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Calc prereq

  1. Jul 2, 2009 #1
    I was wondering what you should be familiar with before taking Calculus II. I just finished the Calc I summer class and was wondering if I should go on to Calc II this summer or just go over Calc I some more... I mean I can solve all of the problems that were presented but we hardly had any proofs. Would it be better to wait until fall to start calc II and become comfortable with proofs or just do Calc II and pick things up as I go? How do you know if your ready :blushing:. Will going on to Calc II help retain Calc I?
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  3. Jul 2, 2009 #2
    Calculus II primarily deals with integration and its varieties. So if you’re still feeling uneasy I would just recommend practicing your integration skills over the summer. However, it would be best to take Cal II in the fall rather than the summer because it could be difficult to complete the course in a 1-1.5 month period.

    Oh and here is a site the goes over the main details of calculus II.

    Last edited: Jul 2, 2009
  4. Jul 2, 2009 #3


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    Restudy Calculus 1 for the rest of the summer. Start Calculus 2 in the Fall. If your basic Trigonometry is weak, study this too in the summer.
  5. Jul 5, 2009 #4
    Thank you for your advise, I think it would be better in terms of developing a stronger foundation and retaining it. But in the fall I am signed up for Univ Physics and so the question is: Is it better to have a general understanding of calc 1 and 2 or a more solid foundation in one? The Univ Physics prereq is that you must be concurrently enrolled in calc II. Basically, will I not be able to do the physics class without calc II?
  6. Jul 5, 2009 #5
    You should be able to do just fine if calculus II is a corequisite because the physics course will take into consideration the level of calculus you've already been at.

    I remember when I took my Physics II and Calculus II classes at the same time. Even though Calculus II was a corequisite of Physics II the only calculus we did was some simple integration and that was far into the semester. So you'll definitely be fine in taking those two classes at the same time.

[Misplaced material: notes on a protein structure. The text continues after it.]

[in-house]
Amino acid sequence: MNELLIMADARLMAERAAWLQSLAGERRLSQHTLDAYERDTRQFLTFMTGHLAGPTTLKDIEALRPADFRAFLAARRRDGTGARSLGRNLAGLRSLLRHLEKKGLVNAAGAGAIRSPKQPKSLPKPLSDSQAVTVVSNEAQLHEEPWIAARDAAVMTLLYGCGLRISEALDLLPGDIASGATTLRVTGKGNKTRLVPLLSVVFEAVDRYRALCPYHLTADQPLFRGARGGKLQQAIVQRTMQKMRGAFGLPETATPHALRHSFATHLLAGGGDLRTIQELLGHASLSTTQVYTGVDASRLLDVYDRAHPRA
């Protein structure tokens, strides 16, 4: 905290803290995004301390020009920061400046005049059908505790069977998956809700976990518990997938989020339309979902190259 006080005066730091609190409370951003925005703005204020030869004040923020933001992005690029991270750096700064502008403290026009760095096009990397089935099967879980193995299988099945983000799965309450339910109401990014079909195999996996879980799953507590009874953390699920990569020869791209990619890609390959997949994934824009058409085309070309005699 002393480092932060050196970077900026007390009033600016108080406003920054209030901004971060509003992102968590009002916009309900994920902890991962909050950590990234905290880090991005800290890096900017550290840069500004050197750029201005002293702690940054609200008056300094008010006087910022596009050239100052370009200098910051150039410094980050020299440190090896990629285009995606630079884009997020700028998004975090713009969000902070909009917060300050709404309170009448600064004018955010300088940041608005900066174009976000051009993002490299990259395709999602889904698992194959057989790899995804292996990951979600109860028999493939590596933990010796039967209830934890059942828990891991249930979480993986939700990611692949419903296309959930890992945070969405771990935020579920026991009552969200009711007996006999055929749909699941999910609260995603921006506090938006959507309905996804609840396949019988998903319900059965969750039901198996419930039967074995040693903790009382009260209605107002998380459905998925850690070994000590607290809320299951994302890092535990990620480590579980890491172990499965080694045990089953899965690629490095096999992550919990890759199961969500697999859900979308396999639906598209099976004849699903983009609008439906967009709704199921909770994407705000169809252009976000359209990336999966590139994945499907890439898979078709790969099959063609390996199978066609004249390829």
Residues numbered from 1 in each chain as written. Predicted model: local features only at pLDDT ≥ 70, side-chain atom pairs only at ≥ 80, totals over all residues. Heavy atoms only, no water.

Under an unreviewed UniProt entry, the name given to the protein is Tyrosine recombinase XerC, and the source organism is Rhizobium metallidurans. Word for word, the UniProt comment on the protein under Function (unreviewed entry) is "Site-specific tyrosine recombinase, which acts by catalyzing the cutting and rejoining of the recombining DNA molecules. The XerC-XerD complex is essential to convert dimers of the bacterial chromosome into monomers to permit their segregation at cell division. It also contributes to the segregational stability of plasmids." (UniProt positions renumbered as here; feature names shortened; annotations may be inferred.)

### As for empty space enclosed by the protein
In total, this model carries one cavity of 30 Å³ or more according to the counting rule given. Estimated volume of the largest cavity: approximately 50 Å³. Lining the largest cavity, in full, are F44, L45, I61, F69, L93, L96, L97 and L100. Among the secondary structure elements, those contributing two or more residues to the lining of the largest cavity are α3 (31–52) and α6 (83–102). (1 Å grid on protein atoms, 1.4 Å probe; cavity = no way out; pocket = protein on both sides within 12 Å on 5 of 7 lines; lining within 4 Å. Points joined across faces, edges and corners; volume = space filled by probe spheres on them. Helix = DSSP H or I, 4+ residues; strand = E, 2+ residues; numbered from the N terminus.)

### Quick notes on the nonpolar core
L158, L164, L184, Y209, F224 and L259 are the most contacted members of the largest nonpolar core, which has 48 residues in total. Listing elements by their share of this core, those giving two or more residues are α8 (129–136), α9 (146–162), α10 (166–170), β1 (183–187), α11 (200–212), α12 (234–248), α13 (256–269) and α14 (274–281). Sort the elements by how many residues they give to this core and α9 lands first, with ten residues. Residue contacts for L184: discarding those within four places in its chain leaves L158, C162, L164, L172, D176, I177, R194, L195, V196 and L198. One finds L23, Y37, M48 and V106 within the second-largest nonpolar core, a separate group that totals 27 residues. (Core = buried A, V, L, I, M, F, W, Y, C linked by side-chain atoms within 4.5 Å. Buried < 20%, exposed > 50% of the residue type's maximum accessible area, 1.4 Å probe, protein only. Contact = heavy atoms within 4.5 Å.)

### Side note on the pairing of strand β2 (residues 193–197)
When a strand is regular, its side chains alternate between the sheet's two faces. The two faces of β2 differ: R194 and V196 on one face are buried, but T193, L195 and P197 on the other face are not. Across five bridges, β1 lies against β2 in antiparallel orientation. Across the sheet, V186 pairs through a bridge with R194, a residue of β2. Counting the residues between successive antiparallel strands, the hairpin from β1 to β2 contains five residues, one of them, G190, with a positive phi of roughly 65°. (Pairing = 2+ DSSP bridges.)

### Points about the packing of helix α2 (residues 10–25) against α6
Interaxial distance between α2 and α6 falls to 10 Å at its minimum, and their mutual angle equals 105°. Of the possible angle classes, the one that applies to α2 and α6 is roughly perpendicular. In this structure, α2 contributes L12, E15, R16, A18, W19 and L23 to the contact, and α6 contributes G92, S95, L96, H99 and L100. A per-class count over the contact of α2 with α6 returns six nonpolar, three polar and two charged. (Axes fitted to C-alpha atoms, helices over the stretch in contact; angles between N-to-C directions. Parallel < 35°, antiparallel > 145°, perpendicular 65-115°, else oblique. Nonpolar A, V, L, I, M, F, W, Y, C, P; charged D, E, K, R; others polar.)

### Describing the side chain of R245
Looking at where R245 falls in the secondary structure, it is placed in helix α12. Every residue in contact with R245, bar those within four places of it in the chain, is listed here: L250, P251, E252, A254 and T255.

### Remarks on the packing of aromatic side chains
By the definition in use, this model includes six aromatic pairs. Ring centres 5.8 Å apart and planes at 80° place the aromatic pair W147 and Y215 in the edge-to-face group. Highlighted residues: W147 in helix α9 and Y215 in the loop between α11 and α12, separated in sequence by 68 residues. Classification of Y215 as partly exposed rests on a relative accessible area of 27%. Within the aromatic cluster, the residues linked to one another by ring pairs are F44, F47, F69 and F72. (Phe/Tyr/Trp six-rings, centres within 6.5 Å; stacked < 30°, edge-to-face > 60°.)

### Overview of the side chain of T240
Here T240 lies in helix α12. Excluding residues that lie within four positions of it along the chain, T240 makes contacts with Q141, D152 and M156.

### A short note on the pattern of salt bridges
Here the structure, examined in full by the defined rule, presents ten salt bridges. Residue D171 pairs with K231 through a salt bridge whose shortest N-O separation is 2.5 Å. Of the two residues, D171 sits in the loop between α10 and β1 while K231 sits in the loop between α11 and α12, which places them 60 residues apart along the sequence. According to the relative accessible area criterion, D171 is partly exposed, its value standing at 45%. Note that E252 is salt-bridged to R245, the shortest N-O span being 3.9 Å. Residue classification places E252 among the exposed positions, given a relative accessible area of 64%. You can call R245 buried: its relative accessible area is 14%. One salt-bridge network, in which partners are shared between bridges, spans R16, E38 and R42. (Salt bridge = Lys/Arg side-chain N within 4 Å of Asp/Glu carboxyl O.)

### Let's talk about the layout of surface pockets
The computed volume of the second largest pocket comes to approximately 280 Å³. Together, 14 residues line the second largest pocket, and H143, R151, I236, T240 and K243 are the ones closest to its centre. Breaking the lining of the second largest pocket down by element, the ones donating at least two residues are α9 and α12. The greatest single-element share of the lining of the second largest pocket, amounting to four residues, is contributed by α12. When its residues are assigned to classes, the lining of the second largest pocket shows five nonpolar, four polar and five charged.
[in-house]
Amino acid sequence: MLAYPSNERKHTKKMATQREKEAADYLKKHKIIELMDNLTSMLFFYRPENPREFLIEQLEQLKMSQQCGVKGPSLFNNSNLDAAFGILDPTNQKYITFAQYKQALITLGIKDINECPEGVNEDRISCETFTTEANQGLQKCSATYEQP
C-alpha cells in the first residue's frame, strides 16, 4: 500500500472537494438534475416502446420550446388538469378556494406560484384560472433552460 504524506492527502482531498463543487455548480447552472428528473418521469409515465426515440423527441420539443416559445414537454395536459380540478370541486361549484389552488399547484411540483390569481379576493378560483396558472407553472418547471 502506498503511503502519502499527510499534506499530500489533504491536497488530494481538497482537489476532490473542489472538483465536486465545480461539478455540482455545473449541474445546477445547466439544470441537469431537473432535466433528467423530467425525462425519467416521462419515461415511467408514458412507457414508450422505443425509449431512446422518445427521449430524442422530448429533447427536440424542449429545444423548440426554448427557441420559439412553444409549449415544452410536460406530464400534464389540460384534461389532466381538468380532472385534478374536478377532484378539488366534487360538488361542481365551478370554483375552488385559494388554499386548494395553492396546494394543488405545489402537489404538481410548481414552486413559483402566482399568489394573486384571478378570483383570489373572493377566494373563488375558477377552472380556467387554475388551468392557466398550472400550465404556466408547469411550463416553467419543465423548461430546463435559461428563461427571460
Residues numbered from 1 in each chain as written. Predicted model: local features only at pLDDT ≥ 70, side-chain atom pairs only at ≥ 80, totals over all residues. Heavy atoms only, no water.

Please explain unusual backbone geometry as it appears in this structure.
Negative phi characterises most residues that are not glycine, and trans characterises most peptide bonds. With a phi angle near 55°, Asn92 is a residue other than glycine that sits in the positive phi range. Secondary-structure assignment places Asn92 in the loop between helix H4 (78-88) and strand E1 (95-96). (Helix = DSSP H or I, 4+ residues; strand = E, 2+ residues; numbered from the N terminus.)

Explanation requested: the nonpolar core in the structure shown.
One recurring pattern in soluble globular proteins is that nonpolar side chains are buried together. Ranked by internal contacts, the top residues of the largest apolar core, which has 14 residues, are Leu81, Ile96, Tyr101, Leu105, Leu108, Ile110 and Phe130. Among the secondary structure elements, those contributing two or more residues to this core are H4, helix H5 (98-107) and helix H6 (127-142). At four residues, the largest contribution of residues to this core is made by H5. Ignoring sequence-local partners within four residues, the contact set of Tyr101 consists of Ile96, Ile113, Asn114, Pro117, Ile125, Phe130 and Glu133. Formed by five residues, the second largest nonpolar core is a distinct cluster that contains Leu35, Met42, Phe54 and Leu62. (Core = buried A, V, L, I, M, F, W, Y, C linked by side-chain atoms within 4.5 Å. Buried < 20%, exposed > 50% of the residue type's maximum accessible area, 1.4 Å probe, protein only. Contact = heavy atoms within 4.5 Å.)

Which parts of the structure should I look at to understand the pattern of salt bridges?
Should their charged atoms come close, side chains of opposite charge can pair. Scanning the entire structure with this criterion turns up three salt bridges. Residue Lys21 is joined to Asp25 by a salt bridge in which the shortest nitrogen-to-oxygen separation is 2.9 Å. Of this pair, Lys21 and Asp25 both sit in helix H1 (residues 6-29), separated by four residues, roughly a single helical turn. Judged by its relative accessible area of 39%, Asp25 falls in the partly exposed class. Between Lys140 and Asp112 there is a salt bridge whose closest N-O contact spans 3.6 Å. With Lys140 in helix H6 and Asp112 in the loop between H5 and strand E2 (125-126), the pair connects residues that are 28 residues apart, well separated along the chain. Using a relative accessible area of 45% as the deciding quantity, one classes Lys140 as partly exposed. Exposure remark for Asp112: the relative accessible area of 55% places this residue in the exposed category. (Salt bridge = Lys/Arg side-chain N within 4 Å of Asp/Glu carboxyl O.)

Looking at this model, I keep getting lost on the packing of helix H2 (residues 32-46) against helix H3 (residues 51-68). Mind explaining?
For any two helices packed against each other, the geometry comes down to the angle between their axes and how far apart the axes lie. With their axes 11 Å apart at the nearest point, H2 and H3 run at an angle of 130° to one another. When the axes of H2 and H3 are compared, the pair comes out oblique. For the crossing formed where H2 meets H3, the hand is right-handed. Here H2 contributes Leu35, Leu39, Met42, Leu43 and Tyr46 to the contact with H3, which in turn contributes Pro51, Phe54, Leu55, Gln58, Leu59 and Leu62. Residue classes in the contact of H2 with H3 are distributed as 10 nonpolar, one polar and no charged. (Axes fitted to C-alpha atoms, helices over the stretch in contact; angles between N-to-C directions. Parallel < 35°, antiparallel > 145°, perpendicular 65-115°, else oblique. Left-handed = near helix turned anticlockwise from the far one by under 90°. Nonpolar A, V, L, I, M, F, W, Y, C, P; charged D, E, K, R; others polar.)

Its also a good idea to have a strong foundation in your Calculus II class because it sets the stage for several other classes that you'll have to take.
  7. Jul 5, 2009 #6
    Chances are, unless you go to a school like MIT, introductory E&M wont have you doing more than single integration over symmetries. Even though you technically apply vector calculus the symmetries make it simple and to be honest you don't really need to know why the math math works, just that it does to be able to solve most problems.
  8. Jul 5, 2009 #7
    I agree with everyone up above. Relearn your calculus I for the rest of the summer, and you'll be more than prepared for calculus II. Maybe even try to get a head start in learning some of the integration techniques, as these can be troublesome and require a lot of practice. Most schools use the same book for calculus I and II.

    Your university physics course will use calculus I at the most, so you should not be concerned about this. It's probably just a co-requisite to keep people in line in terms of degree scheduling.

    Don't worry about not doing any proofs in your calculus I course. You won't be doing any proofs in your calculus II course either. What you should be concerned with is that you understand the concepts of calculus. This is what calculus I is about, in addition of course to learning the basic techniques. Calculus II is basically a full bore techniques course while introducing you to some higher level math (like sequences and series).
    I actually went to the school that this professor is at.
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